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    Indictment follows inquiry into Jacksonville officers

    Robbery and murder are among the crimes a federal grand jury examined, a newspaper reported.

    ©Associated Press

    © St. Petersburg Times, published December 14, 2000

    JACKSONVILLE -- A federal grand jury has returned a 26-count indictment after an investigation into allegations that members of the Jacksonville Sheriff's Office and associates were involved in crimes including robbery and murder, a newspaper reported.

    Details of the indictment are under court-ordered seal until those named in it are arrested.

    Steve Cole, a spokesman for the U.S. Attorney's Office, declined to comment Wednesday on the indictment or when it would be unsealed.

    One of the crimes investigated was the robbery and slaying of Sami Safar, a Jacksonville convenience store owner who was found dead July 4, 1998, a day after withdrawing $50,000 from a SouthTrust Bank, the Florida Times-Union reported Wednesday.

    A second unsolved homicide, the July 10, 1998, shooting of Jeffrey Reed, also was reviewed, the newspaper said.

    Other cases include a May 15, 1998, attack on Safar's nephew, who was robbed of $50,000 in the bank's parking lot, and a robbery and attempted robbery in 1998 involving men who identified themselves as police and were dressed in police garb.

    The grand jury also looked into allegations that at least one police officer was accepting payoffs for providing information to drug dealers.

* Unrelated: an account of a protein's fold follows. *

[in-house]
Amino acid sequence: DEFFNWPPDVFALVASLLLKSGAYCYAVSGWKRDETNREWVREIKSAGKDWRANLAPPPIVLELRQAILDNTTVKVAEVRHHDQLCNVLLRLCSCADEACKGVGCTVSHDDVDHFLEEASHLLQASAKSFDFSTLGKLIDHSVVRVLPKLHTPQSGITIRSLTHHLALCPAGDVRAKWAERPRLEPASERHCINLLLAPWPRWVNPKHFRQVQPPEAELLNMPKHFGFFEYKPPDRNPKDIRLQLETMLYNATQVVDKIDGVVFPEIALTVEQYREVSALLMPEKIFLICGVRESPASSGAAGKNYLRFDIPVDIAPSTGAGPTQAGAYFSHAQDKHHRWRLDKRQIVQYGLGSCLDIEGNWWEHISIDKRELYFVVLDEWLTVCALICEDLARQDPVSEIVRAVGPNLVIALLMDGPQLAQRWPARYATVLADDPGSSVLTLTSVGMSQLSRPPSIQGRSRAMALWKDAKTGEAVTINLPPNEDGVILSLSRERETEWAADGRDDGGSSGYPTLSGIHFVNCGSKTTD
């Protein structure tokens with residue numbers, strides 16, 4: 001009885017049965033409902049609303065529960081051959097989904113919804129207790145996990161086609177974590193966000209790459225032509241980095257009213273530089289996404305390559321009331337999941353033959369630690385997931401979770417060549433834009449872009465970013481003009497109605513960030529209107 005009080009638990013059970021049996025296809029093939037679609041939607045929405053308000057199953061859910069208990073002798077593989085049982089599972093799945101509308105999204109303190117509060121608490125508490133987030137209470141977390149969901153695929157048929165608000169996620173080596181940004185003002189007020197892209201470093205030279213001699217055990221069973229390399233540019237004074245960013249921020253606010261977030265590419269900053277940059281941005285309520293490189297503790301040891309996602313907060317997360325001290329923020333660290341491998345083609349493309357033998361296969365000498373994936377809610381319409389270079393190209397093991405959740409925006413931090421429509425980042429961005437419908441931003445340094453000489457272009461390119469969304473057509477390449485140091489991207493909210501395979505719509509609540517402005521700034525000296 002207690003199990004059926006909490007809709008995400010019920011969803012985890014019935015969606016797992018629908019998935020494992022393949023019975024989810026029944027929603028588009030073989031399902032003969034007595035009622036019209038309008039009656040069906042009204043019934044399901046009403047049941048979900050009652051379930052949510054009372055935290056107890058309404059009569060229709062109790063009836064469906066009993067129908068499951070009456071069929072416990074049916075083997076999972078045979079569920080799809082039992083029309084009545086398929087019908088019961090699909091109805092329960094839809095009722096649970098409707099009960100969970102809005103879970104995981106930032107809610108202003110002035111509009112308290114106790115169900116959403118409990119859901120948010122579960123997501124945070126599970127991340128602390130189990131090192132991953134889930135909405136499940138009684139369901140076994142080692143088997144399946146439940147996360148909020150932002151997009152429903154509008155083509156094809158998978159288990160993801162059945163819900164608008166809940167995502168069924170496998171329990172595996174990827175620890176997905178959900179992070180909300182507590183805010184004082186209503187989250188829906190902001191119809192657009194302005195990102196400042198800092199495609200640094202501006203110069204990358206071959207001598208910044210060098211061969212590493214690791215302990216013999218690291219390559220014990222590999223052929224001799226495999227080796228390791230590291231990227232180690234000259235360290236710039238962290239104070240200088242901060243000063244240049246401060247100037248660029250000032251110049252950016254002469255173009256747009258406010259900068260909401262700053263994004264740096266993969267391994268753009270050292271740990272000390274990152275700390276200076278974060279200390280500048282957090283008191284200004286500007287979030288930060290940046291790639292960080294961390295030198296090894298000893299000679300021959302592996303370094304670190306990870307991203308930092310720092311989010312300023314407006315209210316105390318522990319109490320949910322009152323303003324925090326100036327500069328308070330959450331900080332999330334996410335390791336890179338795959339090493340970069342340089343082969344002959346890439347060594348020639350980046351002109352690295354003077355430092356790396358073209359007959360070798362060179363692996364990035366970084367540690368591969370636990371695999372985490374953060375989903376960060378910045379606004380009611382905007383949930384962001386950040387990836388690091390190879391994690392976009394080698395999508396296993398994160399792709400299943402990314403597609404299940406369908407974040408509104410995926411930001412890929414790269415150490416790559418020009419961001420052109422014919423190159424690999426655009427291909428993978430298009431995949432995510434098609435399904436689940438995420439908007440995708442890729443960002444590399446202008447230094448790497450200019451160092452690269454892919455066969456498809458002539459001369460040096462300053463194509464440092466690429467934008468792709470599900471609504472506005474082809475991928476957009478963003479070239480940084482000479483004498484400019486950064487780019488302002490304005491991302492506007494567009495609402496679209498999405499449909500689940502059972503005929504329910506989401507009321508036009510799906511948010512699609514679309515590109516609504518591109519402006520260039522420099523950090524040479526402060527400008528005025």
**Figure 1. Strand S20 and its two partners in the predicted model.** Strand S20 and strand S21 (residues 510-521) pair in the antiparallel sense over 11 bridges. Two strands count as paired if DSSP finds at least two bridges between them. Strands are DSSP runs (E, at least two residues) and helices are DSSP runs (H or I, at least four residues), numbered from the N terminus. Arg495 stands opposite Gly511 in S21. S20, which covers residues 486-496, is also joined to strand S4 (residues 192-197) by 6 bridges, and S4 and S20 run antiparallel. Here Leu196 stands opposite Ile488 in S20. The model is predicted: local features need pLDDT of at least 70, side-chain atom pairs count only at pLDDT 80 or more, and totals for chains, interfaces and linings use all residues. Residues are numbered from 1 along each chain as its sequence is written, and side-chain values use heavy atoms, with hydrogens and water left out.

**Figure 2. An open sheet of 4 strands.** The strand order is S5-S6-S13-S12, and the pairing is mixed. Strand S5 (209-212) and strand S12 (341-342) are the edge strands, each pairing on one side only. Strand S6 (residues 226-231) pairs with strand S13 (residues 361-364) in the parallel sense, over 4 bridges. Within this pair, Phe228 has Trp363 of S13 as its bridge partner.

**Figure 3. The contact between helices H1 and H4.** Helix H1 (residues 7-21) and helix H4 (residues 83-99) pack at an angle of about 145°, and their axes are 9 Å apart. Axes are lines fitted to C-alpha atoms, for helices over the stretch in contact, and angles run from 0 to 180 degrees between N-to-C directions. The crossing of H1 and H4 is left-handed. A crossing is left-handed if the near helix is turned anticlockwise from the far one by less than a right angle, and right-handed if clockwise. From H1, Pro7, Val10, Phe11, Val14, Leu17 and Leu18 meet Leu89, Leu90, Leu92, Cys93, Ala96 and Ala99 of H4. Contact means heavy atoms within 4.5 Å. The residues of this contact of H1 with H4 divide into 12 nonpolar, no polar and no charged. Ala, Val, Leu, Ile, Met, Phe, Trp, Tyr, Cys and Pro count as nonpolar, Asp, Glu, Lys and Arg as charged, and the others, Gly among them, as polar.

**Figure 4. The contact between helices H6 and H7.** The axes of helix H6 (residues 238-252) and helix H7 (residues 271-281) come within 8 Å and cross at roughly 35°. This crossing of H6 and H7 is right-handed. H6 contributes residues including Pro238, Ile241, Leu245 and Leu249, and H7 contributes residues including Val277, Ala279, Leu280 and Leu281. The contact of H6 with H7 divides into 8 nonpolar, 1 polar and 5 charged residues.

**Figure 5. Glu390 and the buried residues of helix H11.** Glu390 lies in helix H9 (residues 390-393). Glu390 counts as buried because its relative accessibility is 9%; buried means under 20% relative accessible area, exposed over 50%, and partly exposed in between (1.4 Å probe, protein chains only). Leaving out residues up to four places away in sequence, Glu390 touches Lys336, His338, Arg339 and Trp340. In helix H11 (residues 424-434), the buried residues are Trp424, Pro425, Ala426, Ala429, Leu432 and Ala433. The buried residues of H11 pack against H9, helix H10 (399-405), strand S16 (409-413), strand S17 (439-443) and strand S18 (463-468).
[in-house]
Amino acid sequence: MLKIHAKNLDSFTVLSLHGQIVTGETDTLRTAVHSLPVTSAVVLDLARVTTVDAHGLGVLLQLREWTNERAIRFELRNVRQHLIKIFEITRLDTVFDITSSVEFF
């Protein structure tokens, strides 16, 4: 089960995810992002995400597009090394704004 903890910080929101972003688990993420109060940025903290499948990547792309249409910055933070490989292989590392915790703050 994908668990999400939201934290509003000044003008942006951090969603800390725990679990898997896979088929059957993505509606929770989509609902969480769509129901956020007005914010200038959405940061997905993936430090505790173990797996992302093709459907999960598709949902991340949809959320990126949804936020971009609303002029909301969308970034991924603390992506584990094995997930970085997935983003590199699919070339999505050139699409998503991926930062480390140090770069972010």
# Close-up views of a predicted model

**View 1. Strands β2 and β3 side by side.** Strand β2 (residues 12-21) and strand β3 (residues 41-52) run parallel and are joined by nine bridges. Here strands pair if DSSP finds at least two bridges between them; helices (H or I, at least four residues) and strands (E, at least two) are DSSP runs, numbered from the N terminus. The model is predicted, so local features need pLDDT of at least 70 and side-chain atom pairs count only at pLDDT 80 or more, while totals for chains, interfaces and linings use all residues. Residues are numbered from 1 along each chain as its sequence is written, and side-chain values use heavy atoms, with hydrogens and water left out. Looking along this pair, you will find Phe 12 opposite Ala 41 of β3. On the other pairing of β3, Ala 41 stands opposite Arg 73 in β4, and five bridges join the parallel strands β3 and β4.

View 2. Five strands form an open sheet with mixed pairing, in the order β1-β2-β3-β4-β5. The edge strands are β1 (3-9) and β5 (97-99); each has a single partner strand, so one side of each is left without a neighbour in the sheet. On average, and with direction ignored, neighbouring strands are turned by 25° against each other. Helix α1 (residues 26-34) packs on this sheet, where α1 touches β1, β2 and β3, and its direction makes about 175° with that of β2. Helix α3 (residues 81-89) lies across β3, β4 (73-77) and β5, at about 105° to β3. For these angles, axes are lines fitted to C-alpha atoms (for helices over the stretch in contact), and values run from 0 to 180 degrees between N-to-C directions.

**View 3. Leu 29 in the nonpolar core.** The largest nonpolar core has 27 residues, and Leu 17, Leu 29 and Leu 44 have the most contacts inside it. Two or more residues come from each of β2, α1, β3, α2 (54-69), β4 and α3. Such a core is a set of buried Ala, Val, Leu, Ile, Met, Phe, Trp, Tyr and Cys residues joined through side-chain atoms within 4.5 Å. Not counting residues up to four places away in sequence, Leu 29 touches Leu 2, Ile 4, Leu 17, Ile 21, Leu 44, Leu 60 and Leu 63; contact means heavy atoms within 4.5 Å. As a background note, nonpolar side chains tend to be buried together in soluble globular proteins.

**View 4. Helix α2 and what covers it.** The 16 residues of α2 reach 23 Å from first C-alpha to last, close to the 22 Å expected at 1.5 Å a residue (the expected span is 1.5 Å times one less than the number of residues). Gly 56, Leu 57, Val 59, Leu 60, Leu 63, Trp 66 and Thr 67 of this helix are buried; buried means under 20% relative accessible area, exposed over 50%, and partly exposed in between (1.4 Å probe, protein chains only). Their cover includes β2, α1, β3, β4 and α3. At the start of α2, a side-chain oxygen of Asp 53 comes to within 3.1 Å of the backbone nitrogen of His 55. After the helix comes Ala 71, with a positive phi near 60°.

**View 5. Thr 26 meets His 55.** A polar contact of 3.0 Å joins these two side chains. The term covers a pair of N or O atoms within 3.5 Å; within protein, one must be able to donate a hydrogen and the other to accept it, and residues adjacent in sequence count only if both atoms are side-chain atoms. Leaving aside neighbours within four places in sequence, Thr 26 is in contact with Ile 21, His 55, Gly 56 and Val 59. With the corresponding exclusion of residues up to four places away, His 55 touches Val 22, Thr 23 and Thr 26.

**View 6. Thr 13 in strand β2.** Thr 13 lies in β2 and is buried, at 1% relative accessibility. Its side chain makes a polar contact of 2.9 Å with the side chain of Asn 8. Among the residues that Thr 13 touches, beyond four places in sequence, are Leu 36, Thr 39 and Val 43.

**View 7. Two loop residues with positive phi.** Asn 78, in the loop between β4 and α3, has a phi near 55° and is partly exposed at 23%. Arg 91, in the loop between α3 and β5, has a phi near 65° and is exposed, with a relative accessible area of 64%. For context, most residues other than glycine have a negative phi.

Sheriff Nat Glover has taken five officers off the street during the investigation. Karl Waldon, 37, and Reginald Bones, 33, have resigned. Jason Pough, 33, and Eric Maddox, 30, are on administrative duty. Aric Sinclair, 32, remains on leave.

    An indictment against Bones was unsealed Wednesday, but it was separate from the 26-count indictment.

    Bones was released on a signature bond after pleading innocent to charges of conspiracy, bank fraud and fraudulent use of a Social Security number. He is accused of providing false information to obtain a loan for a $22,000 vehicle. If convicted, he could face up to 40 years in prison and fines as high as $1.5-million.

    Glover and Assistant U.S. Attorney Brian Kane refused to discuss either indictment.

    The grand jury of 14 men and six women had been meeting for 15 months.

    The case that led to the grand jury investigation began more than 18 months ago when narcotics detectives started to suspect that one of their own was passing on information about cases.

    In the summer of 1999, police developed additional suspicions that there had been what Glover told the Times-Union was a "breach of confidence" among his officers.

    On Aug. 27, 1999, police arrested three drug dealers -- Abdul "Blue" Robinson, Derrick "Smiley" Smith and Dondreka "Marlo" Bates.

    The three decided to cooperate with prosecutors in hopes of getting less time.

    Bates gave police details about the dealings of Robinson and Smith and got seven years in prison. Robinson and Smith told authorities they were paying off at least one officer for information about drug cases. Robinson got 21 years in prison and Smith, who eventually stopped cooperating, got 30 years.

    A task force of federal, state and local officers found witnesses and developed other evidence that led them to investigate a series of crimes.

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